From Harry Potter and the Prisoner of Azkaban
The first Divination class: A voice came suddenly out of the shadows, a soft, misty sort of voice.
‘Welcome,’ it said. ‘How nice to see you in the physical world at last.’
Harry’s immediate impression was of a large, glittering insect. (PA6)
‘Sit, my children, sit,’ she said, and they all climbed awkwardly into armchairs or sank onto pouffes… (PA6)
‘Welcome to Divination,’ said Professor Trelawney, who had seated herself in a winged armchair in front of the fire. ‘My name is Professor Trelawney. You may not have seen me before. I find that descending too often into the hustle and bustle of the main school
clouds my Inner Eye.’ (PA6)
Professor Trelawney delicately rearranged her shawl and continued, ‘So you may have chosen to study Divination, the most difficult of all magical arts. I must warn you at the outset that if you do not have the Sight, there is very little I will be able to teach you. Books can take you only so far ion this field…’
At these words, both Harry and Ron glances, grinning, at Hermione, who looked startled at the news that books wouldn’t be much help in this subject.
‘Many witches and wizards, talented though they are in the area of loud bangs and smells and sudden disappearings, are yet unable to penetrate the veiled mysteries of the future,’ Professor Trelawney went on […] ‘It is a Gift granted to few. You, boy,’ she said suddenly to Neville, who almost toppled off his pouffe, ‘is your grandmother well?’
‘I think so,’ said Neville tremulously.
‘I wouldn’t be so sure if I were you, dear,’ said Professor Trelawney… (PA6)
‘We will be covering the basic methods of Divination this year. The first term will be devoted to reading the tea leaves. Next term we shall progress to palmistry. By the way, my dear,’ she shot suddenly at Parvati Patil, ‘beware a red-haired man.’
Parvati gave a startled look at Ron… (PA6)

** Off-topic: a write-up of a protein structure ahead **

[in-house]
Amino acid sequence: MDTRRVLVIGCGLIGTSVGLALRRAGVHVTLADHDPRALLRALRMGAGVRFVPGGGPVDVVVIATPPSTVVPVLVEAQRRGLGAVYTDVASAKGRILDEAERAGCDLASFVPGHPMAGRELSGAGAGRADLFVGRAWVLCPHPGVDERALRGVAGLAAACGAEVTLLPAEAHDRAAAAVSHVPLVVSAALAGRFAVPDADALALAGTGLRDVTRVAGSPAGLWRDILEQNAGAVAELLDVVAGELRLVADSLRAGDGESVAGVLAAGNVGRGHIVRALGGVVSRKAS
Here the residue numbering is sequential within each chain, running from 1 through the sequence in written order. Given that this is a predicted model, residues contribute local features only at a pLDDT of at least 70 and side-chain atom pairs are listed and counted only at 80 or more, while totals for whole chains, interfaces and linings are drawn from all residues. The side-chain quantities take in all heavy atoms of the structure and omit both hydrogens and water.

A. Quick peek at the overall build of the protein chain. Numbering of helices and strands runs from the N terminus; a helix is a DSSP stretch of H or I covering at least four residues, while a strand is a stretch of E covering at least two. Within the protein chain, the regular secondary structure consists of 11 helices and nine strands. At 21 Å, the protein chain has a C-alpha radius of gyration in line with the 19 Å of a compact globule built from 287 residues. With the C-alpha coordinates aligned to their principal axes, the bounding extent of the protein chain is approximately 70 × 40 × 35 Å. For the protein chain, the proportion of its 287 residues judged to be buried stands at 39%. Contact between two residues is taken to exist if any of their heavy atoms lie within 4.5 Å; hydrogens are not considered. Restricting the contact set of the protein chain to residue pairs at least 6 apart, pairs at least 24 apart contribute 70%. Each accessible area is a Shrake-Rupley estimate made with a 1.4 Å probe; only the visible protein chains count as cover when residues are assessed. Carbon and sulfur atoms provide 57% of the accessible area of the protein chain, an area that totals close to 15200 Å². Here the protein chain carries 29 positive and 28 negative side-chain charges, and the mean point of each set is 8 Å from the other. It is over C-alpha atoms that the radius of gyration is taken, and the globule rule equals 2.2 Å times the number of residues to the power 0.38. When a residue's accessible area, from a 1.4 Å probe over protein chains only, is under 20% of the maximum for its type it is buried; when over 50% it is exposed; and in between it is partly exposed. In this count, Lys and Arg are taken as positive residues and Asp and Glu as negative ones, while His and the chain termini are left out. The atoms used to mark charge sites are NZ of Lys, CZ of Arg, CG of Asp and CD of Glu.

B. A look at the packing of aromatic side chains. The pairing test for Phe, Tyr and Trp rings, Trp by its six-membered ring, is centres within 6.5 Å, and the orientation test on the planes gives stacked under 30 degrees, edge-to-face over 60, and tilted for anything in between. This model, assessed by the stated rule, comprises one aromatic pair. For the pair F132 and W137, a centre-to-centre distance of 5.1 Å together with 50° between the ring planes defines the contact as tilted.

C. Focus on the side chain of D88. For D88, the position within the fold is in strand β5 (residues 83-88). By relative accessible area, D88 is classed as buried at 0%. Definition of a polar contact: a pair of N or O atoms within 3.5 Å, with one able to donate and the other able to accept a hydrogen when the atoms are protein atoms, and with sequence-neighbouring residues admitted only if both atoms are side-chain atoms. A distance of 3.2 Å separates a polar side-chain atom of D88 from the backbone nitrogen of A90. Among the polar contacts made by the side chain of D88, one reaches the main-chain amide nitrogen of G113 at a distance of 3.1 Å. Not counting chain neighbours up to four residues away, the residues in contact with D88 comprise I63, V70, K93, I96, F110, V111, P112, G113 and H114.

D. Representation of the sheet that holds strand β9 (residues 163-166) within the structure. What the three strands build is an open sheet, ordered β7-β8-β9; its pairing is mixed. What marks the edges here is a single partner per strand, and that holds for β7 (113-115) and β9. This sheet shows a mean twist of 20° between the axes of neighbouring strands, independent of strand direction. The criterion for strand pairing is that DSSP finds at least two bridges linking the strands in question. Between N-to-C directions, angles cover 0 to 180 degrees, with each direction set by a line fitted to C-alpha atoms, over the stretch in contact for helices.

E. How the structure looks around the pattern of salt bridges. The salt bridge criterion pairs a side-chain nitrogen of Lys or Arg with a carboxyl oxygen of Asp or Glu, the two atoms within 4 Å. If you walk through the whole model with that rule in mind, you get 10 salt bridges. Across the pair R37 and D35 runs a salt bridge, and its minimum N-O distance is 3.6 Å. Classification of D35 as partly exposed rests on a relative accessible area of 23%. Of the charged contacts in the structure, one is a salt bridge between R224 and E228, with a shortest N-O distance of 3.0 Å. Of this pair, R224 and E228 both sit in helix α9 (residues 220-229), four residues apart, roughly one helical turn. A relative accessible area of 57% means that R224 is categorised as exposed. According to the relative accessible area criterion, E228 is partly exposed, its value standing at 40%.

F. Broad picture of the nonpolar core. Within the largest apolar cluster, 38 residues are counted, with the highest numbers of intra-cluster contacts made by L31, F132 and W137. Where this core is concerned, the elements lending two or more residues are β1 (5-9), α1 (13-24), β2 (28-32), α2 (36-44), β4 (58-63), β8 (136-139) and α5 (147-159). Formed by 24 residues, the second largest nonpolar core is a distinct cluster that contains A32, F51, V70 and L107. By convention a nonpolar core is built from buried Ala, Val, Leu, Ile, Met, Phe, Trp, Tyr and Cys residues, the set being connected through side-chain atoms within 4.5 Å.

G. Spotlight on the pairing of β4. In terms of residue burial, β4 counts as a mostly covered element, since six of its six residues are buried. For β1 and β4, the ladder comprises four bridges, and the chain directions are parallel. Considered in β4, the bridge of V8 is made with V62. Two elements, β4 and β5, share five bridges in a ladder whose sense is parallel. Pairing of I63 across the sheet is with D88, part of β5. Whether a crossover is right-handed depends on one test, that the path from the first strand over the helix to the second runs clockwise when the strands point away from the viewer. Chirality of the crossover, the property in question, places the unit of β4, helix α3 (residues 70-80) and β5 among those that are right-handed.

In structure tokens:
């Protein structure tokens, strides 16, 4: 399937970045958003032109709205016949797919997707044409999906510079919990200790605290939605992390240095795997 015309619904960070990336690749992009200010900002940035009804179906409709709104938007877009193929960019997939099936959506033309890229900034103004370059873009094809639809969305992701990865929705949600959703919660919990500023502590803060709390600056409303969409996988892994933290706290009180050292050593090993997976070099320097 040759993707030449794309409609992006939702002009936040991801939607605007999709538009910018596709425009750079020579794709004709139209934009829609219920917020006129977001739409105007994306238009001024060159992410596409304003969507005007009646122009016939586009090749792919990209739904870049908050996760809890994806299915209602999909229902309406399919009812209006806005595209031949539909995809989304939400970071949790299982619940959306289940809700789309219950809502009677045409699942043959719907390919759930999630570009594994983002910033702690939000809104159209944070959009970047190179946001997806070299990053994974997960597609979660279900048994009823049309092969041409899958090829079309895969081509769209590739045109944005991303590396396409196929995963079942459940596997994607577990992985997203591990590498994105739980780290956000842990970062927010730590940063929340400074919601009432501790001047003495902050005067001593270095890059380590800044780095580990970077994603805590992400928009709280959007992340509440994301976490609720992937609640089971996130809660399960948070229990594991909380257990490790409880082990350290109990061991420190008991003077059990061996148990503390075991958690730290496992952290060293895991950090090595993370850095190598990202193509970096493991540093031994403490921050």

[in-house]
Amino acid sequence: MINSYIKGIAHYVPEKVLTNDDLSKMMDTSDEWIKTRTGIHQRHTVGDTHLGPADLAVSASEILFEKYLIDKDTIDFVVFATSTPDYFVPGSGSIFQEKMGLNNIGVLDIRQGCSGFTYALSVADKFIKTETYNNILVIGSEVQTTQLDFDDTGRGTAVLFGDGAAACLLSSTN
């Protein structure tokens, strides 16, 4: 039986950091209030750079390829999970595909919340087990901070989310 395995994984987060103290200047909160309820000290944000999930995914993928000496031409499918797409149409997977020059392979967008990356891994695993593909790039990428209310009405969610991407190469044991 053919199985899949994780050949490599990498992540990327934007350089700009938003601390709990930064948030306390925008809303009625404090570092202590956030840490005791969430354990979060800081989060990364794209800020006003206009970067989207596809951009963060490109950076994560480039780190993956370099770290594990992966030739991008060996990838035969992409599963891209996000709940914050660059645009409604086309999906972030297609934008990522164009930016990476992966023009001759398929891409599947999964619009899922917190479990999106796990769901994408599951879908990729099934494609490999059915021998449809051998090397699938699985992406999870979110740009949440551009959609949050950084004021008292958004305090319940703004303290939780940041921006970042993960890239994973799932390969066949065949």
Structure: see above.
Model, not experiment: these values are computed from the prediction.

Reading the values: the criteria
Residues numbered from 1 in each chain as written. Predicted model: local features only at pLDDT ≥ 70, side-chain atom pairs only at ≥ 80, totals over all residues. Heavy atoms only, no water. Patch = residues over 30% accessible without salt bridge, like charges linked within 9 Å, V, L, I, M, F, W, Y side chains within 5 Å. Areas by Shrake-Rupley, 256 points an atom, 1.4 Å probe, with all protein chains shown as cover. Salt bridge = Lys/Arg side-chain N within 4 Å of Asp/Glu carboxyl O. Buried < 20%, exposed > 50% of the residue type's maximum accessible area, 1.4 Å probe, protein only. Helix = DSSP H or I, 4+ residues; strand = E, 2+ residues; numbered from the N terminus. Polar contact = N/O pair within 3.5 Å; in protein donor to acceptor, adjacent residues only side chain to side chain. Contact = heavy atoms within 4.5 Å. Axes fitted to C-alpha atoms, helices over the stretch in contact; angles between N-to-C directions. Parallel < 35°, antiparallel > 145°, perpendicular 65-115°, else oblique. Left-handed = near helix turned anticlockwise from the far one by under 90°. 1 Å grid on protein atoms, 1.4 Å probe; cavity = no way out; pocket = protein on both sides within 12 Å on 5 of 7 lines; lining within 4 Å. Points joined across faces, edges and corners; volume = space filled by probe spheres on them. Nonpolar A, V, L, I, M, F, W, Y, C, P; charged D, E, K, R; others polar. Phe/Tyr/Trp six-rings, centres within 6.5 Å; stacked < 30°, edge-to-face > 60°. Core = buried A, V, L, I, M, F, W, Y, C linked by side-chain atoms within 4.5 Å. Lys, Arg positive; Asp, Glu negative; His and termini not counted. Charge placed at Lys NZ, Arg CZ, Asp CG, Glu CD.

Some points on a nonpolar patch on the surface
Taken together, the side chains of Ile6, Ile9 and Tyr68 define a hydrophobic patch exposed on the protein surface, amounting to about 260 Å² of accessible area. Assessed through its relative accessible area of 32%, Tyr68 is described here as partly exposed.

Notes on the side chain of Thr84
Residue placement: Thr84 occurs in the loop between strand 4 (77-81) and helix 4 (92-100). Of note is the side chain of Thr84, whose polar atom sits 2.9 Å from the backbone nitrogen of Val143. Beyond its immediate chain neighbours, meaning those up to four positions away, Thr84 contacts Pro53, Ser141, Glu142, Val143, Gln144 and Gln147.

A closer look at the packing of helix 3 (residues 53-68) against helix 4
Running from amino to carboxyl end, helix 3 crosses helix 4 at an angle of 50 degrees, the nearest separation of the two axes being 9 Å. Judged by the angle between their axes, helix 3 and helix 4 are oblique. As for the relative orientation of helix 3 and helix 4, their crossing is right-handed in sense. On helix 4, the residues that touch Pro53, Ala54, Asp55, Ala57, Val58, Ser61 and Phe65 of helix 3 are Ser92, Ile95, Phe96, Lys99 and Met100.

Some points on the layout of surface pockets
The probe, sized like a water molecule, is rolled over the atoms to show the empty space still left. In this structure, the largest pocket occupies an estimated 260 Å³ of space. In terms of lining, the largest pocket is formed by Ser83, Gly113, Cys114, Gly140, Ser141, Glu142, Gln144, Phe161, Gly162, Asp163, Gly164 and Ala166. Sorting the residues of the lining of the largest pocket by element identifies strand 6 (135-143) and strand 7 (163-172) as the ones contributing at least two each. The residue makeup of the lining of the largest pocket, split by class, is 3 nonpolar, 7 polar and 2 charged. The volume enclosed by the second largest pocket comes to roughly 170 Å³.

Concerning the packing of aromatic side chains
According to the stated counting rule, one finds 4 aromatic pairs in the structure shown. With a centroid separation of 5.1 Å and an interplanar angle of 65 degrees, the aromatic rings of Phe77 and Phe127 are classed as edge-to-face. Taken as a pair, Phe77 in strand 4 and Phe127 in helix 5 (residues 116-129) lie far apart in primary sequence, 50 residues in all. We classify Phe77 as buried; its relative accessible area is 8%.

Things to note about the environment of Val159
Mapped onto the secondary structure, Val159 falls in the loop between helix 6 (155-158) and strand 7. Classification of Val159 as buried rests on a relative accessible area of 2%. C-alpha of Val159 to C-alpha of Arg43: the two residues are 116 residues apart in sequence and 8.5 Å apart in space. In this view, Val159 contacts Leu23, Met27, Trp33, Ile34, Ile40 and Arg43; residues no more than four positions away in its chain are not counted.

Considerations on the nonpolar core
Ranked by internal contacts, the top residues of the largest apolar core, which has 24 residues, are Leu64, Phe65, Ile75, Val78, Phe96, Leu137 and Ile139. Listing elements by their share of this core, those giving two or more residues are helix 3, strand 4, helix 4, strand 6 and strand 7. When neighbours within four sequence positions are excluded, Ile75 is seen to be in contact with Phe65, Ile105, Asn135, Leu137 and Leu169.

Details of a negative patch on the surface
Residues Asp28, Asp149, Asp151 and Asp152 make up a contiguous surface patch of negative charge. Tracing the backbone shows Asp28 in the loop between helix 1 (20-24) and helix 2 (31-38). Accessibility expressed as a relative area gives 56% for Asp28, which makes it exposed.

‘In the summer term,’ Professor Trelawney went on, ‘we shall progress to the crystal ball – if we have finished with fire-omens, that is. Unfortunately, classes will be disrupted in February by a nasty bout of flu. I myself will lose my voice. And around Easter, one of our number will leave us forever.’ (PA6)
‘I wonder, dear,’ she said to Lavender Brown, who was nearest and shrank back in her chair, ‘if you could pass me the largest silver teapot?’
Lavender, looking relieved, stood up… (PA6)
To Lavender: ‘Incidentally, that thing you are dreading – it will happen on Friday the sixteenth of October.’
Lavender trembled. (PA6)
‘Now, I want you all to divide into pairs. Collect a teacup from the shelf, come to me, and I will fill it. Then sit down and drink; drink until only the dregs remain. Swirl these around the cup three times with the left hand, then turn the cup upside-down on its saucer; wait for the last of the tea to drain away, then give your cup to your partner to read. You will interpret the patterns using pages five and six of Unfogging the Future. I shall move among you, helping and instructing. Oh, and dear –’ she caught Neville by the arm as he made to stand up – ‘after you’ve broken your first cup, would you be so kind as to select one of the blue patterned ones? I’m rather attached to the pink.’